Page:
Maybe Light My Fire

In the natural world, or at least when human ingenuity impinges upon it, we see moths flying into candle flames and hovering around porch lights and street lamps. If a sea captain were to steer toward a lighthouse on a premonitory jutting out from the coast, his ship would come to grief, like a moth scorched by a candle flame.

The bright lights of Vegas and TV advertisements all seem designed with the moth mind in mind, scamming for our money while purporting to satisfy some conditioned ‘need’ or another. In the absence of lives that are fulfilling in their own right, such impulses circle around realms of imagined satisfaction like fireflies circling a field in late summer–with no motivation other than to catch the nearest flashing light.

So why, then, do spiritual traditions use ‘light’ as their image for realization, redemption, and great fulfillment? What kind of light are these traditions referring to?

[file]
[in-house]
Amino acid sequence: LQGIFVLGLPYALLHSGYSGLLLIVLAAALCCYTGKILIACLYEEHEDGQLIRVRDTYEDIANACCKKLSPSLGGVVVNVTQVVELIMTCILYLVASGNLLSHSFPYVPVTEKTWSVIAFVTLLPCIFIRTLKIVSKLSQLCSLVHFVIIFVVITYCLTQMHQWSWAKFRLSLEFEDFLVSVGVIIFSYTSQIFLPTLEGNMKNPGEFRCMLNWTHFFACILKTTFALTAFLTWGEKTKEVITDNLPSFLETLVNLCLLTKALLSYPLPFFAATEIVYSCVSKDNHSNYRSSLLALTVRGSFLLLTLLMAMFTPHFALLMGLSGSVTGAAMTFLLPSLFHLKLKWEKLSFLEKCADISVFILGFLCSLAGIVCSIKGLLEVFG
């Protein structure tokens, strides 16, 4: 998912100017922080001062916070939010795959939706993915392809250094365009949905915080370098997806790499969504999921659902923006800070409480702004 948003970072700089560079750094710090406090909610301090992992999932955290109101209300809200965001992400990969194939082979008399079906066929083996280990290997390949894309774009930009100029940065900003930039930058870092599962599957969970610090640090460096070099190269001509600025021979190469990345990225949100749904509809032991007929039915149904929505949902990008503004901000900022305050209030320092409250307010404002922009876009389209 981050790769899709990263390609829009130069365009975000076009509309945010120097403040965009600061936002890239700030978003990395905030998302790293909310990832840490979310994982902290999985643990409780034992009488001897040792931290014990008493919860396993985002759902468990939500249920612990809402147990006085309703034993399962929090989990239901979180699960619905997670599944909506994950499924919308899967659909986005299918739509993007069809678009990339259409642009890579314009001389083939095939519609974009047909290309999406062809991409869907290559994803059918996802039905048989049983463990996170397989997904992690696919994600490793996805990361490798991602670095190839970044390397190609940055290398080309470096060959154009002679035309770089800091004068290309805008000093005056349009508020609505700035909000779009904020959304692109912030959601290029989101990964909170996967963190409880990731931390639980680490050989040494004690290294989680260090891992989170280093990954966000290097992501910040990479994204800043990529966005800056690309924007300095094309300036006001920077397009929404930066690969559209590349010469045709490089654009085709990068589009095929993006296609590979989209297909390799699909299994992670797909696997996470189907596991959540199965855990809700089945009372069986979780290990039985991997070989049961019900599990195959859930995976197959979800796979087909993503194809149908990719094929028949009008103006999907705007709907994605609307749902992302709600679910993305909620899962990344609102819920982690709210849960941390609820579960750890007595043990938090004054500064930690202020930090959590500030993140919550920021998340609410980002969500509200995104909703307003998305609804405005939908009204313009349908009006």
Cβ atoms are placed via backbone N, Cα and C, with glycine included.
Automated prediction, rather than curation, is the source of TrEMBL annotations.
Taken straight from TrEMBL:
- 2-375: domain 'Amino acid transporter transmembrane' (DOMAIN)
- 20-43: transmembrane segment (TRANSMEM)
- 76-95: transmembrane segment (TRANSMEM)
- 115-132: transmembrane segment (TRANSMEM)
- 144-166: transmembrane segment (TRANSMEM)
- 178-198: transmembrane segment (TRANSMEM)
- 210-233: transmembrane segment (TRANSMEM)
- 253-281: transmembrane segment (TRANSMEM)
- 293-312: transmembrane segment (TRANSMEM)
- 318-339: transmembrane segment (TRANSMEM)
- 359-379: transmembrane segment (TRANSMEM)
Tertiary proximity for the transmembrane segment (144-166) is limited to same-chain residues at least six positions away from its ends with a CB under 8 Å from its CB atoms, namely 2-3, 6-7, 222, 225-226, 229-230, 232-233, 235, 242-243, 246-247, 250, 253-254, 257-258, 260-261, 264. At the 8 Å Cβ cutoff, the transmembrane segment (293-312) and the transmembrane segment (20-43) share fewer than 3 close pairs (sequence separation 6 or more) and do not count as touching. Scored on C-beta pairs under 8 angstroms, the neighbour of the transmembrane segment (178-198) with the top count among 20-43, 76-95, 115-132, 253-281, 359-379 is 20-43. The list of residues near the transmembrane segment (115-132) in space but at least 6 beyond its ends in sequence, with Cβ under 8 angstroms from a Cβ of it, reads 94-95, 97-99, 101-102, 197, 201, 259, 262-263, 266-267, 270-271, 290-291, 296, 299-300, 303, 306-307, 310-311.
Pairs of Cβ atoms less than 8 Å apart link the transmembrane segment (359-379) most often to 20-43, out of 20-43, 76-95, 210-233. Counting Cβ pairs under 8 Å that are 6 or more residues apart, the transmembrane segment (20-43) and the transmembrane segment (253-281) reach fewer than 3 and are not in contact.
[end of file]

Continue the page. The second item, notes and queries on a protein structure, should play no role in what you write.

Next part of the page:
Bright light is used in interrogations to exhaust and disorient their subjects. Yet the first light of dawn—if we are quiet and attentive enough—can draw us forth into feelings of presence and hopefulness, kindling interest in what the day will bring.

It seems that when light is used as an image of understanding, (illumination) and realization (enlightenment), we are being invited to explore the darkness of our own confusion and discouragement; and then the light that instills clarity and hopefulness is found within us, not outside.

In my experience, this light is more a glow than an intense flame; more a pervasion of warmth and comfort than a deluge of illumination from some external source; more ubiquitous than locatable phenomenon; more inherent than an occurrence, no matter how exceptional it may appear to be.

In the workings of society and the world stage, it seems that the light of caring and kindness comes from within the actors, not the floodlights of the theater or the footlights at the front of the stage. Unless we contribute our own light, the illumination of cities that never sleep, and the screens that are never truly turned off, will confuse us. It’s not that there is no greater light than our own, but that we won’t be able to tell the difference between the interrogation bulb and the dawning of a new day, unless we nurture the light of being within ourselves and recognize its resonance with the greater light into which we have been born.

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